Addiction recovery is an intensive process. Depending on the personal circumstances, you may have had to undergo a full medical detox, or you may have relied on inpatient hospitalization to overcome the most intense stages of withdrawal. After that, you may have attended classes, therapy sessions, and follow-up appointments to stay clean.
In many cases, addiction treatments can get you through the worst stages of the process, relieving the symptoms of withdrawal while cleansing your body of the dependence that fueled your substance abuse. But unfortunately, even the best, most thorough treatments can’t keep you addiction-free forever – at least not by themselves.
If you want to stay sober for good, after your initial treatment, it’s on you to use the right strategies to preserve your sobriety.
How to Stay Sober After Treatment
These steps can help you stay sober after addiction treatment:
- Outline and avoid your personal triggers. First, it’s important to understand your personal triggers – the situations, feelings, and events that make you feel an urge to use your substance of choice. These tend to be different for everyone, with a handful of commonalities. Stress, anger, personal setbacks, and even specific people may trigger you to use again. But if you can proactively identify these triggers, and either avoid or learn to manage them, you’ll remain in firm control of your habits.
- Continue going to therapy. It’s a good idea to keep going to therapy, if you can, especially if you have comorbid mental illnesses that complicate your drug habit. Personal therapy sessions can be a great time to explore your thoughts and feelings, and get to the roots of your addiction, while group therapy sessions can be a way to meet new people and find others who can truly understand what you’re going through.
- Understand and manage PAWS. Post-acute withdrawal syndrome (PAWS) can last anywhere from 6 months to 2 years after you initially stop using. Depending on the length, severity, and type of addiction you’ve faced, PAWS can range from mild to intense – but it’s almost always unpleasant. PAWS can leave you feeling anxious, irritable, depressed, or unable to sleep. If you’re not prepared for this, it can catch you off guard, and compel you to use a substance to cope with the negative feelings. Instead, be proactive and make a plan for how to manage these symptoms.
- Stay away from old habits and routines. Relapse is common for people who re-enter the situation that spurred their addiction in the first place. If you go back to the same apartment, hang out with the same people, and hang out in the same places you did before, you’ll be much more likely to fall into the same old habits. Try to avoid these if you can and start fresh somewhere new.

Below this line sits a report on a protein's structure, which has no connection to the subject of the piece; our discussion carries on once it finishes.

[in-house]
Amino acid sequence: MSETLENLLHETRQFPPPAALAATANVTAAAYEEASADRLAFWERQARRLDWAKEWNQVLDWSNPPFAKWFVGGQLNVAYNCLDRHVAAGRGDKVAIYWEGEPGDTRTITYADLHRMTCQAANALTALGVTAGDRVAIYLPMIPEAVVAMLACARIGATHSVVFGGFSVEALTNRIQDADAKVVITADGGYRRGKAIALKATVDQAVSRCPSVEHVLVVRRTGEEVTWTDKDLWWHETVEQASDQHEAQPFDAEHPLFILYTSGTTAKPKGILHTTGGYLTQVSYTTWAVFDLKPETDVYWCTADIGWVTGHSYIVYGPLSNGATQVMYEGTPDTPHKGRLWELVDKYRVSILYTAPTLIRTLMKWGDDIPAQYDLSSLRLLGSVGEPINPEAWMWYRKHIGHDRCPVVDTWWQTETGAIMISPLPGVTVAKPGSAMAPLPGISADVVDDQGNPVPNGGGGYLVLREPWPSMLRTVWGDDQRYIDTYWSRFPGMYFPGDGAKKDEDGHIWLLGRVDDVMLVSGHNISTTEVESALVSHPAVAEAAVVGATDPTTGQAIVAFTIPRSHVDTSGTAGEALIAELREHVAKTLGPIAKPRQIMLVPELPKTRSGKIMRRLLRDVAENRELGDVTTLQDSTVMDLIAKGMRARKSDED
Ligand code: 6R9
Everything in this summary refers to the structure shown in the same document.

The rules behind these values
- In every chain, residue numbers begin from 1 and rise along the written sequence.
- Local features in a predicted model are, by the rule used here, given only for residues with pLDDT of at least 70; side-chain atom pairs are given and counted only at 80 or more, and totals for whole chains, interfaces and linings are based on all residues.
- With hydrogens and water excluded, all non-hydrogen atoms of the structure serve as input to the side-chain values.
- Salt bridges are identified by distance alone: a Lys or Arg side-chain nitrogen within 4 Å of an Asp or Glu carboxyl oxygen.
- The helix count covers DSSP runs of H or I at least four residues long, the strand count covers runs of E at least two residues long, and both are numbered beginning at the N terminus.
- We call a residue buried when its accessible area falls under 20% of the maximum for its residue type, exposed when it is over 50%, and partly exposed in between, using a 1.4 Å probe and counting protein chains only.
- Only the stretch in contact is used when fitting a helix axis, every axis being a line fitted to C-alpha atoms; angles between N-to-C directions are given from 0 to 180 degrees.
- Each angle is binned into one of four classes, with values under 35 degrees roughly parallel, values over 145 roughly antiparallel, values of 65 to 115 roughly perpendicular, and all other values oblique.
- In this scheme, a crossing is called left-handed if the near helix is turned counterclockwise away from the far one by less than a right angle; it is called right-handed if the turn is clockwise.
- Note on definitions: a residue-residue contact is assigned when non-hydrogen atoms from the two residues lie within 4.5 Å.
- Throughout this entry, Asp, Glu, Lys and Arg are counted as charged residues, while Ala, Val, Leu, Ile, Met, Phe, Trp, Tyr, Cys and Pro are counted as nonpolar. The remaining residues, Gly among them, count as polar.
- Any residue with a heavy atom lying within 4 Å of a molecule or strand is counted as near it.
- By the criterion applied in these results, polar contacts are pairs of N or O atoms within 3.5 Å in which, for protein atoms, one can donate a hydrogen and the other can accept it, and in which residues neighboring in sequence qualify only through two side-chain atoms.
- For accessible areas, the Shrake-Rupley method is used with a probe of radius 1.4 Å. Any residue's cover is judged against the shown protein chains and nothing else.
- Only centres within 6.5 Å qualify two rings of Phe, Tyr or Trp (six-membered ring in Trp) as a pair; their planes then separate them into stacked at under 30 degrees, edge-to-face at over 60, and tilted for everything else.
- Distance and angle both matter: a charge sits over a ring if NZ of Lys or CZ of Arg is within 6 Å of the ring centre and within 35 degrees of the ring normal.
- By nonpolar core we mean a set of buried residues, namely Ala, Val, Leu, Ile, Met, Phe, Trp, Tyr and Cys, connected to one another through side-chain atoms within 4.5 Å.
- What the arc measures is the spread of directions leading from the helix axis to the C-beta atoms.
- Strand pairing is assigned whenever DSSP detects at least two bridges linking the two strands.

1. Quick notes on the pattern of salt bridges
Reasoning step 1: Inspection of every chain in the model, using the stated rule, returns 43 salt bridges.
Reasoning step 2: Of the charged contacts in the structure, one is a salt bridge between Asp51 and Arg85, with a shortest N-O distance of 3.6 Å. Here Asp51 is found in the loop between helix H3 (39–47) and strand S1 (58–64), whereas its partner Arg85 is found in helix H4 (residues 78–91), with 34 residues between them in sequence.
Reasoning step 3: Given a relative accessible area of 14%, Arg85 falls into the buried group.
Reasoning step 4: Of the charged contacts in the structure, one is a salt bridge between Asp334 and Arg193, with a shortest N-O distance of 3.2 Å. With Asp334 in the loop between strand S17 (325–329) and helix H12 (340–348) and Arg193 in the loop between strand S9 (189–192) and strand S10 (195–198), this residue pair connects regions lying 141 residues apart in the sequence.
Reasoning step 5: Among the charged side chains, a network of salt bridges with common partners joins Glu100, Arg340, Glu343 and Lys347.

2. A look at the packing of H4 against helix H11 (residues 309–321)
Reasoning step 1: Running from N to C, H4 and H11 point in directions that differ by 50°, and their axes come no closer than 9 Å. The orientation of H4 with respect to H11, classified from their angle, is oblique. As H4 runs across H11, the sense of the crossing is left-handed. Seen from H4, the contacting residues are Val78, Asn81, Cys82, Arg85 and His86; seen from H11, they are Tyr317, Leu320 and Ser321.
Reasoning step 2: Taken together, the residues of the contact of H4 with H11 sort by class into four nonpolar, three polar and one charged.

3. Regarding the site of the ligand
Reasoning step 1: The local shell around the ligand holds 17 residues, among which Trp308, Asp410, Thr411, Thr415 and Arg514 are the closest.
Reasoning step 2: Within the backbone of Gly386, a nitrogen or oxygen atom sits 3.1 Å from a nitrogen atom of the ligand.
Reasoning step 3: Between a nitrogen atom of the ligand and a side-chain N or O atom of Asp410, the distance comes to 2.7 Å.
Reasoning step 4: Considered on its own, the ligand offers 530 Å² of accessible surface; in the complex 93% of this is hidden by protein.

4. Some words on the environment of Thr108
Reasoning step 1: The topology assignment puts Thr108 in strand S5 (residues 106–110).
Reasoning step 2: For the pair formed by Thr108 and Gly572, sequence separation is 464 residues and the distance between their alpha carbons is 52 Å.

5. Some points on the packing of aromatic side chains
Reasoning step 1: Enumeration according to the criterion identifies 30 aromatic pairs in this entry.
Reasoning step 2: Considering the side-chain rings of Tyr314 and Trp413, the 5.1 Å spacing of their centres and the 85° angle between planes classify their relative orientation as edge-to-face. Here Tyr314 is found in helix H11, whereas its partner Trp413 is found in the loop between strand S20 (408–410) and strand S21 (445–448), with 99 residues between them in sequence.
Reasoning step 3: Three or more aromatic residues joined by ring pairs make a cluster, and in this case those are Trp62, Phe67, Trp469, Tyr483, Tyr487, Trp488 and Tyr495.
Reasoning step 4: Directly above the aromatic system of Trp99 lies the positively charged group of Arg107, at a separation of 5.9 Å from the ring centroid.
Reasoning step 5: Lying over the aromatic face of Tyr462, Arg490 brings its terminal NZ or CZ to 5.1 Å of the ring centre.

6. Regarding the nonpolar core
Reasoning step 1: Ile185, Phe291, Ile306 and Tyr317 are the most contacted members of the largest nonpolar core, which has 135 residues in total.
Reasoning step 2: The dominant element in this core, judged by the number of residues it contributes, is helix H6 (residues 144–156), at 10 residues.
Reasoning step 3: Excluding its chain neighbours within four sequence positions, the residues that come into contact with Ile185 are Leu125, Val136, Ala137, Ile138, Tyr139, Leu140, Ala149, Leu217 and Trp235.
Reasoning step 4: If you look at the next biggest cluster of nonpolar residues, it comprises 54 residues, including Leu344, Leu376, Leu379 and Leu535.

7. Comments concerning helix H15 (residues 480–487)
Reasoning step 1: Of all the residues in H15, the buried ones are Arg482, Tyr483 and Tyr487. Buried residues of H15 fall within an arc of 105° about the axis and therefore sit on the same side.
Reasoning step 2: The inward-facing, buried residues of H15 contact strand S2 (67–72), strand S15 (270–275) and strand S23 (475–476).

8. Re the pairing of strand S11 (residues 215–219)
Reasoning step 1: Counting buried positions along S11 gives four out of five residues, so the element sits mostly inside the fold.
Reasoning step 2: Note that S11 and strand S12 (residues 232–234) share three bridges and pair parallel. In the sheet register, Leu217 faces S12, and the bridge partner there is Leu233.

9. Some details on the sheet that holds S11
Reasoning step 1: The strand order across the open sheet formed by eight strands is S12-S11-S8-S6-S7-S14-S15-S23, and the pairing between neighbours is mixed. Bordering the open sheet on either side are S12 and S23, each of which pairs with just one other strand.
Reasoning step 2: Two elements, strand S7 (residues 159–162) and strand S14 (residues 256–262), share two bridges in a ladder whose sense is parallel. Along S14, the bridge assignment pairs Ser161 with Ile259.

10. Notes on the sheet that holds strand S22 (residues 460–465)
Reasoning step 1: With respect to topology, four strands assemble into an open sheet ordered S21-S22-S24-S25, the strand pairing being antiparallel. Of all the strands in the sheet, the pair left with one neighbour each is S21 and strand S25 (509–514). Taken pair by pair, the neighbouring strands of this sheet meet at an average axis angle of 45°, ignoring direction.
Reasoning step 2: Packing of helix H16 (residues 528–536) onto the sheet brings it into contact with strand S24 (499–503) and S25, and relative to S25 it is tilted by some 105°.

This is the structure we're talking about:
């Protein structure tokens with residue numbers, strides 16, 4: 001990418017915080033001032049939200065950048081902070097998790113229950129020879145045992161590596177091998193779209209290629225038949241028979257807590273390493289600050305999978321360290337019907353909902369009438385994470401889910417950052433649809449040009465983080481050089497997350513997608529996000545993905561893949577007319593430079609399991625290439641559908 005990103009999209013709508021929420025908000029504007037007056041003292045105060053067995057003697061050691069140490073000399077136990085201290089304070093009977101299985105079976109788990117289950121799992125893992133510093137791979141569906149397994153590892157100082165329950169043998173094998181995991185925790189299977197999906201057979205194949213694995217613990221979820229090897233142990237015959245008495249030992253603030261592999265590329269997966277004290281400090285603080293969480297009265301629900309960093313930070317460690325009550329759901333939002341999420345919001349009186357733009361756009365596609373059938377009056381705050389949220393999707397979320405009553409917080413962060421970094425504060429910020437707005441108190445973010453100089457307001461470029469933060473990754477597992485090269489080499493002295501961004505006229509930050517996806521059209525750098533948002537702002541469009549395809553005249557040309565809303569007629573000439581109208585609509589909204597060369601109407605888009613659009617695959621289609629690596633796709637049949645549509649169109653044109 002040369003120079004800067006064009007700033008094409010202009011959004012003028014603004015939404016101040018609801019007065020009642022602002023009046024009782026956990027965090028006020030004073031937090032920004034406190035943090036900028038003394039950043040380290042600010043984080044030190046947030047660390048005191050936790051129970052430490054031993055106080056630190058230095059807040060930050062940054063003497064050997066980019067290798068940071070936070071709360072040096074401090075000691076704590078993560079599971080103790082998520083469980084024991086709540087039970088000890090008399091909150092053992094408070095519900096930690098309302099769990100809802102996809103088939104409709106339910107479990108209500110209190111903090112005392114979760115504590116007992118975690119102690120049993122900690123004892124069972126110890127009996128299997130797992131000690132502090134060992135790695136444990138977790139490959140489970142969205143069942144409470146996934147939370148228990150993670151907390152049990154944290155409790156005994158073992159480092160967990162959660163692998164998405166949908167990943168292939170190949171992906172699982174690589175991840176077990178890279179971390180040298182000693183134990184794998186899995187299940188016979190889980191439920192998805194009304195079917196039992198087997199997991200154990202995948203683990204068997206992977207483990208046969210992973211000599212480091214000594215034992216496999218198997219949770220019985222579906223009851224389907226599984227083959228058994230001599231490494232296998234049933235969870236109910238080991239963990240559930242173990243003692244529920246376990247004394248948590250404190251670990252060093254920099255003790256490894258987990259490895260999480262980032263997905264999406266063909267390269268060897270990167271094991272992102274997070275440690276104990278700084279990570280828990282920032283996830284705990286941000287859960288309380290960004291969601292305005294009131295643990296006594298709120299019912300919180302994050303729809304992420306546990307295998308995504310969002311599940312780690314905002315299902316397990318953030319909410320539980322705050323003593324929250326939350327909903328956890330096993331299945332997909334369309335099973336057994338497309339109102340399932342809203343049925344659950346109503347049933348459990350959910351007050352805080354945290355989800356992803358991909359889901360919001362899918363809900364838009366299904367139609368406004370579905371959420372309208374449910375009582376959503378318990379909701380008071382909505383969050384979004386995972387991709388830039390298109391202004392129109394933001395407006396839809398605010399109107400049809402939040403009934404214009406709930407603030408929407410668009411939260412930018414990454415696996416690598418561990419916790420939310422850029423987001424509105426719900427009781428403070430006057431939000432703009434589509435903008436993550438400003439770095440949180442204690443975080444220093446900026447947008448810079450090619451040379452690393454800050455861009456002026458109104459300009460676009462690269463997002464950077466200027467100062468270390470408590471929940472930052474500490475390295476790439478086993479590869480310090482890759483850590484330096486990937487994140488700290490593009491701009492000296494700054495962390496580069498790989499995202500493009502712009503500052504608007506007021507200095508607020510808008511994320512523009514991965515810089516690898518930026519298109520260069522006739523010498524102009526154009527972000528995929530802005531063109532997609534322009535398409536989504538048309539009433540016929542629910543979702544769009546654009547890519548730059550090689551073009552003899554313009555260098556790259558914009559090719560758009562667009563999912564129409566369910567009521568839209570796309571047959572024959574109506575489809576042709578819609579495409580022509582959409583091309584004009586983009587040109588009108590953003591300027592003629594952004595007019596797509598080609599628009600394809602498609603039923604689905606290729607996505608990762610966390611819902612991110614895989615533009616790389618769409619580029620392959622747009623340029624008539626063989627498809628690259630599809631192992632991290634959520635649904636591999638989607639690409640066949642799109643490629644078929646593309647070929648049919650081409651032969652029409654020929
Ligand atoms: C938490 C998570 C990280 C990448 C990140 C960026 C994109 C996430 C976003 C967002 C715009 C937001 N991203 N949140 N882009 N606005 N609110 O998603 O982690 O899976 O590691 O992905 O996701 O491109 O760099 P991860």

- Put together a new schedule. Similarly, it’s a good idea to put a new schedule in place, complete with new habits and routines to integrate. Not only will this help you avoid old habits and behaviors, but it will also keep you regimented and focused on your current goals. This is especially effective if you have a steady job and plenty of activities to keep you busy.
- Repair your relationships. This may be difficult, depending on the nature of your addiction, but try to repair the relationships that were harmed during the course of your substance use. Doing so is an act of catharsis that can help you keep the past in the past and pave the way for a brighter future. Your friends and family members, once you reach out to them, will also be critical sources of support in your future recovery.
- Build new relationships. Old relationships are fantastic, but it’s also important to establish new ones. Consider reaching out to some of the people in your support group or finding people in new activities to connect with. They can help you construct a new life for yourself and have people on whom you can rely.
- Eat healthy and exercise. These are simple habits, but important ones; eat healthy food for every meal and physically exercise on a daily basis. If you do this, you’ll maintain a healthy weight, you’ll feel energized, you’ll be more confident, you’ll relieve stress, and you’ll be less anxious and depressed.
- Meditate and journal. Additionally, you should spend time meditating and journaling. These habits can help you identify and analyze your own thought patterns – and lead you to better mental health.
- Find new hobbies. Find new hobbies and activities to occupy your time. They can keep you active and distracted, while simultaneously introducing you to new people who can support you on your journey to permanent recovery.
- Recognize the warning signs of relapse. Next, recognize the warning signs of relapse – and respond to them before it’s too late. You might experience elevated levels of stress, a change in attitude, or a sense of loss of control. You might also experience intrusive thoughts about using your substance of choice. If you notice these signs, reach out to someone you trust for help and support – and try to muscle through this difficult period.
- Celebrate your achievements. Finally, take the time and make the effort to celebrate your achievements at different milestones. When you reach a month of sobriety, treat yourself to a fancy dinner or splurge on an indulgence. At 6 months, host a gathering of your closest friends. At 1 year, throw a party. These celebrations will keep you focused on the right track.
Going Back to Treatment
Relapse isn’t a sign of weakness. It’s not a personal failure. For some people, it’s just a small step back on the long journey to addiction recovery. If you relapse even after following some of the strategies listed above, it may be time for you to go back into addiction treatment. If you need some extra support on your journey to addiction recovery, contact Just Believe Recovery Center today!